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There are, of course, dozens of film noir movies. But what makes some of them classics, while others remain just damn good films?

We say these five are classics because, quite simply, they remain as effective today as they did to audiences who caught their initial releases. Despite their minor deficiencies, they have withstood the test of time superbly.

Please note that this list is hardly comprehensive. Some obvious titles are not covered here — The Maltese Falcon, The Asphalt Jungle, M, Gun Crazy, Out of the Past, Touch of Evil  among them. Consider this asa modest listing of less celebrated titles which are nonetheless Classics.

Stranger on the Third Floor (Remastered Edition)RKO, 1940.  This tidy gem (running time, a zippy 64 minutes) stars Peter Lorre (pictured above with actress Margaret Tallichet), one of the genre’s founding stalwarts, as a crepuscular creep who slits the throats of two victims. The script for this designated programmer is a bit wobbly, and concerns an upstanding news reporter (also a police suspect) and his clear-eyed fiancee. The visually impressive film is justifiably praised by cinephiles today for its many technical attributes that would later be adopted by Welles and (producer-creator) Val Lewton. It is considered the first true film noir.

— The Set-Up (1949), RKO, 1949. Film noirs are most often distinguished by the suitability of their stars (say, Robert Mitchum versus a stodgy Robert Montgomery or Humphrey Bogart versus a wiseacre Dick Powell). The star of this one, Robert Ryan, is terrific as an aging boxer brutally beset by mobsters because he wouldn’t take a dive. Ryan, in great shape, is utterly believable as the fighter, and noir notable Audrey Totter is on hand as the wife back in the shabby hotel room. Trivia: the ringside bell is struck by “timekeeper” Arthur Fellig, better known as Forties crime photographer Weegee.

— Detour, PRC, 1945. Tracking down a decent print of this one is well worth the challenge. Hollywood bad boy Tom Neal (who slugged actor Franchot Tone over the hand of party girl Barbara Payton) and Ann Savage give surprisingly convincing performances as a piano player (Neal) on his way to the coast and the murderous female hitchhiker who abducts him. (that’s them above) — Tense, tough, densely plotted and building to a downbeat, fatalistic conclusion.  Who said film noir was for the faint of spirit?

 Too Late For Tears, United Artists, 1949. As we noted yesterday, Lizabeth Scott (born Emma Matso in Scranton, Pa.) is one of the most accomplished of noir actresses, appearing in many genre titles almost all good.  She’s a big favorite of both Frank’s and Joe’s. She’s here in spades in this picture which mixes all the elements:  60-thousand G’s in a duffel bag tossed by chance into a passing convertible, a detective on the take (Dan Duryea, one of noir’s most talented regulars), illicit sexual doings, duplicity, double-crosses, guns and an unexpected fall from a balcony.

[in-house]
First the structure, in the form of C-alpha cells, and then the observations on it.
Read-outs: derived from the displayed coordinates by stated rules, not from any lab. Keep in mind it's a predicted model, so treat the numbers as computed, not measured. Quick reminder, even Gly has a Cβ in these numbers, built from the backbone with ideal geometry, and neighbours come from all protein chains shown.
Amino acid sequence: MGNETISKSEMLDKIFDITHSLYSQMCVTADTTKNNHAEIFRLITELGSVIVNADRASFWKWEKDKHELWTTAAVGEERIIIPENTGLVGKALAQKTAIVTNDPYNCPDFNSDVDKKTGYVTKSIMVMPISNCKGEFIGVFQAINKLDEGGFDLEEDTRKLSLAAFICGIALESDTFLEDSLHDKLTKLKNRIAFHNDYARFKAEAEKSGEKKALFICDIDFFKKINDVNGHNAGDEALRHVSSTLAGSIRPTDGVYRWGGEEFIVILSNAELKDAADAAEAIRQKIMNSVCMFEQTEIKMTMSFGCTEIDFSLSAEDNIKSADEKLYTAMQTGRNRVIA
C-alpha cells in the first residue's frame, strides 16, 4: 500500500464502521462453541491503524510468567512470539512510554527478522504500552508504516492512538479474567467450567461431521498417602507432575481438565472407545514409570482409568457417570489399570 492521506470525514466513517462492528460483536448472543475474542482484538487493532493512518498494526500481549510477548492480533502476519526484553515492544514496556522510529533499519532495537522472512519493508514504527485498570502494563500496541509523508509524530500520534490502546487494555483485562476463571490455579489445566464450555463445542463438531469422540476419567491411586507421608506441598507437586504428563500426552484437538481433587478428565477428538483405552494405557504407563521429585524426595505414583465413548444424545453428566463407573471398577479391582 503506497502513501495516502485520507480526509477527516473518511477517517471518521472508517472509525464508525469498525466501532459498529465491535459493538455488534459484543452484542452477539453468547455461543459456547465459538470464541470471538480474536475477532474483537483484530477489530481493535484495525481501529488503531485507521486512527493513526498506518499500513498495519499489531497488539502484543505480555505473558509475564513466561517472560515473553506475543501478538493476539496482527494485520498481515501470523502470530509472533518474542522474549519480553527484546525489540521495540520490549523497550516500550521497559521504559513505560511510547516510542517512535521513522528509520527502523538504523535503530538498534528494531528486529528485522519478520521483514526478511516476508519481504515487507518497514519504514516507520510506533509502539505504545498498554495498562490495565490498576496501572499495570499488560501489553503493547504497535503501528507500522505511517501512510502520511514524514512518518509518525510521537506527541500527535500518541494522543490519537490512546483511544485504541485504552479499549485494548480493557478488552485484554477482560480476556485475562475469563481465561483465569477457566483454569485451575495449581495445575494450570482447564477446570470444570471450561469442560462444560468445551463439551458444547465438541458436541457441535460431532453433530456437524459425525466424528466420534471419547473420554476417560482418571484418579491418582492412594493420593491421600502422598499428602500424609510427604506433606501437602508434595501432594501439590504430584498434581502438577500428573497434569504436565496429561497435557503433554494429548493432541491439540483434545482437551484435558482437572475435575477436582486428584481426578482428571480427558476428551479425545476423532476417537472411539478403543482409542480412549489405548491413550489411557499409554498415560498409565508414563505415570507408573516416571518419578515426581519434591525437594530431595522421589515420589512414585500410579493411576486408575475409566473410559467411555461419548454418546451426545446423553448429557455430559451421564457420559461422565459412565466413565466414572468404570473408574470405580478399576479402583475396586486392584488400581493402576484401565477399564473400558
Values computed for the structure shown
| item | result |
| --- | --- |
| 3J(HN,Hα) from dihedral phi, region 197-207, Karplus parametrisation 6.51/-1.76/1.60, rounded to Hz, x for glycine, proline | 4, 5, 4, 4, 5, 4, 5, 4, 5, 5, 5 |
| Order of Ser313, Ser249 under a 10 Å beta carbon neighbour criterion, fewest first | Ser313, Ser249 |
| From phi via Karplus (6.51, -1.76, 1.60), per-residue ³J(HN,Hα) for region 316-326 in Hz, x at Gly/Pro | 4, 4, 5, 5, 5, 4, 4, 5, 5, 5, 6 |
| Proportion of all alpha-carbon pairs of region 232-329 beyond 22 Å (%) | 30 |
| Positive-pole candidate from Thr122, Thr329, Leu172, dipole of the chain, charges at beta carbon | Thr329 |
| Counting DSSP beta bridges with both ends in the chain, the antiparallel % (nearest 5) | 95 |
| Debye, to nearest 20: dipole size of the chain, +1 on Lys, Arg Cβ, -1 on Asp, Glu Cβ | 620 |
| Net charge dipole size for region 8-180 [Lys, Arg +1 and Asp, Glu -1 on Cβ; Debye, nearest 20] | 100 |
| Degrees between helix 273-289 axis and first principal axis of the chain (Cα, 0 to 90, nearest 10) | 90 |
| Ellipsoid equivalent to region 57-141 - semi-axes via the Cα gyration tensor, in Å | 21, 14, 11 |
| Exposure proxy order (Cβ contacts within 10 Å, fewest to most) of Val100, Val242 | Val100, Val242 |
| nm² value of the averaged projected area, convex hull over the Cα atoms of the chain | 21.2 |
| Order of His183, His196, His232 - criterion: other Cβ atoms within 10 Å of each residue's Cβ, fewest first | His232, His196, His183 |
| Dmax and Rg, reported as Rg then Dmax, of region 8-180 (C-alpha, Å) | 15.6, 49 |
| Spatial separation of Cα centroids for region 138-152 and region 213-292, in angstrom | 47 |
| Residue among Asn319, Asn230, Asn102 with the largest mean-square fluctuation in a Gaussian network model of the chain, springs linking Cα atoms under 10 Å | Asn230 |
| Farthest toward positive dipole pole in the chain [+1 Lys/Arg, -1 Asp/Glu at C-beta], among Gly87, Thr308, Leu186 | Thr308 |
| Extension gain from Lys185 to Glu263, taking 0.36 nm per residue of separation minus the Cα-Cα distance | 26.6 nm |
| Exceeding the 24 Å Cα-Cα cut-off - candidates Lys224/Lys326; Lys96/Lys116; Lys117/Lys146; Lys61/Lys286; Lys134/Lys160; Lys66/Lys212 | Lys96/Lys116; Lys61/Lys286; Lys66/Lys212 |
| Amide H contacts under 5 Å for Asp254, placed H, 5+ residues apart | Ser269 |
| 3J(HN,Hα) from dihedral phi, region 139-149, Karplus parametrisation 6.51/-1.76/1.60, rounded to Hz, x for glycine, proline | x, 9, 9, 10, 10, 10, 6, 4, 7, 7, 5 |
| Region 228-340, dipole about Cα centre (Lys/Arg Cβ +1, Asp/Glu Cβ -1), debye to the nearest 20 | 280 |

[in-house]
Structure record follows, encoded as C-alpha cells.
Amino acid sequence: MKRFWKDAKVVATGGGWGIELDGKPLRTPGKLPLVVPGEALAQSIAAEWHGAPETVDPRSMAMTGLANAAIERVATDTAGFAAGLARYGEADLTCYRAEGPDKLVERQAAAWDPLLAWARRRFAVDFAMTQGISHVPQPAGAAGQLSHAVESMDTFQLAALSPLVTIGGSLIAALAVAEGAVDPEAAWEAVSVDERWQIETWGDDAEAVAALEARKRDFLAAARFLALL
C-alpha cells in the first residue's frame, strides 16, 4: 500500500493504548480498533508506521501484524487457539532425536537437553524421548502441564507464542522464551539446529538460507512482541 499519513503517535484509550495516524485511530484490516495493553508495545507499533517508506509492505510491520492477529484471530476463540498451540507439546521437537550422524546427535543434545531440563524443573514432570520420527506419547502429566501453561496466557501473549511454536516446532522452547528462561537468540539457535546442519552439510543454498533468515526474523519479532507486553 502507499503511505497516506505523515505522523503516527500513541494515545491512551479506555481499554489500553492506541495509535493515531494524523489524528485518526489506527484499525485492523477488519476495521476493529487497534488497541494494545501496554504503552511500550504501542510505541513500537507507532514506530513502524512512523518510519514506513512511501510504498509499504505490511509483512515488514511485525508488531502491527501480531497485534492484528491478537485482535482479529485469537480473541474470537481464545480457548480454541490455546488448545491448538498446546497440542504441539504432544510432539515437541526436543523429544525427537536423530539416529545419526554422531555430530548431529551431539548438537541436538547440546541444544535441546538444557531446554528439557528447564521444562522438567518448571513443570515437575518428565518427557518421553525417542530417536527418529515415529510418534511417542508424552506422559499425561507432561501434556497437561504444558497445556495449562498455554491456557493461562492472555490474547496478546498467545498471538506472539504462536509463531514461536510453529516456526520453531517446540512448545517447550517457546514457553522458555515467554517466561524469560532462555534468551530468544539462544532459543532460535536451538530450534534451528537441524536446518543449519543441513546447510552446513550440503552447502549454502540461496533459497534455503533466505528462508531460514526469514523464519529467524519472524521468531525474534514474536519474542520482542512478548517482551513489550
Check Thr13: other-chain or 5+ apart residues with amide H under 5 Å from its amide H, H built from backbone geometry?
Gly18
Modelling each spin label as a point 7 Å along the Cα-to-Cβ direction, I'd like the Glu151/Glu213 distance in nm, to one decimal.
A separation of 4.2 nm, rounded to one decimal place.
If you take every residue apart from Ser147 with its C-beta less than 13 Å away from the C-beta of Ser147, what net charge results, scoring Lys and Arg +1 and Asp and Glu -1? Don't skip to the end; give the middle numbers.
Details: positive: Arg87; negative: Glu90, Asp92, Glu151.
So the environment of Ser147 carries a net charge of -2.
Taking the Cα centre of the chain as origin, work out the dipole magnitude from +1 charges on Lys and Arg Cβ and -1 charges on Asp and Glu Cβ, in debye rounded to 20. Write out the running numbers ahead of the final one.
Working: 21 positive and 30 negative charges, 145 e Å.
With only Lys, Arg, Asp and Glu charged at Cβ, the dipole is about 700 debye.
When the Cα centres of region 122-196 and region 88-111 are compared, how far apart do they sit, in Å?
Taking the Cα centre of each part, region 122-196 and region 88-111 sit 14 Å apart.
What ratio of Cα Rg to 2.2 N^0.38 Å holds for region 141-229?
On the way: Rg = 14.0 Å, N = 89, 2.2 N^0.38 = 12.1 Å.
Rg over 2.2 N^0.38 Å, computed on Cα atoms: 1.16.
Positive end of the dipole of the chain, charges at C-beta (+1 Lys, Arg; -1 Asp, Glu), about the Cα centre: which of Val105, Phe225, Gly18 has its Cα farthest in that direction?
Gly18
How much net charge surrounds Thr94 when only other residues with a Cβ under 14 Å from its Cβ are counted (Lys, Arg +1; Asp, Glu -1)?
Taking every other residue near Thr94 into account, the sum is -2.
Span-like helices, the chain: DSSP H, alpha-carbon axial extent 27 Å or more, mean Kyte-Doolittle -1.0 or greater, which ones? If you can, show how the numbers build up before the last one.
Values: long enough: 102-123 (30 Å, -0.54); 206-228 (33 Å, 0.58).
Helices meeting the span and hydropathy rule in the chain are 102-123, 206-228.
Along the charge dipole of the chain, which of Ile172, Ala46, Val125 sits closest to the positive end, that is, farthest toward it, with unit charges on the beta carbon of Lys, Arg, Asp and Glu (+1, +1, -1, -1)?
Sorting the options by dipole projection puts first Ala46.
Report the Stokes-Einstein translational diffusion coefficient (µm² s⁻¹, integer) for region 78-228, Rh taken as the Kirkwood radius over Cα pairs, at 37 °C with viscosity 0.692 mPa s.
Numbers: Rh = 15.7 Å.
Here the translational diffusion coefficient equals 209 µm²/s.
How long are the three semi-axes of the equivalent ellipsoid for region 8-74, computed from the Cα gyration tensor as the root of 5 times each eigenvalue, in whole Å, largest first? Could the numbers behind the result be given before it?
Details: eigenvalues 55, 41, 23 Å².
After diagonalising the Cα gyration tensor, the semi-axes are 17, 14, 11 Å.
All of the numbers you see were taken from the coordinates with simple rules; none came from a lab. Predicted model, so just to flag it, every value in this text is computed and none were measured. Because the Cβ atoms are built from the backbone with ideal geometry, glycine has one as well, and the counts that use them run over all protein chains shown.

— The Hitch-Hiker, RKO, 1953. Two likable blokes (Edmond O’Brien and Frank Lovejoy) on the road pick up the wrong man, and all hell breaks loose. This one is based on a true-life incident, and was the only noir directed by a woman, Ida Lupino, who graced many a genre title as a superbly sultry actress. What pulls the movie together is the evil performance of working actor William Tallman as the murderous psychotic waving that pistol in the back seat. Tense, psychological drama. Get this and several others from this post on Classic Film Noir (The Man Who Cheated Himself / The Hitchhiker / Detour / D.O.A / Too Late for Tears / The Stranger / Strange Love of Martha Ivers / Quicksand / The Scar).

— T-Men, Eagle Lion Films, 1948. A cops-and-robbers saga, specifically about U.S. Treasury agents breaking up an especially brutal counterfeiting ring. There are creditworthy performances from Dennis O’Keefe and Alfred Ryder, among others, directed by Anthony Mann.  What made this tense police hunt for us is the presence of one of our favorite working actors, Charles McGraw, as the sadistic nasty who slowly slays a stool pigeon (a hapless Wallace Ford) by locking him in a steam bath and then running up the temperature.  Marvelous. Get this film and several others on John Alton Film Noir Collection (T-Men / Raw Deal / He Walked by Night) – The ClassicFlix Restorations on Blu-ray.

 

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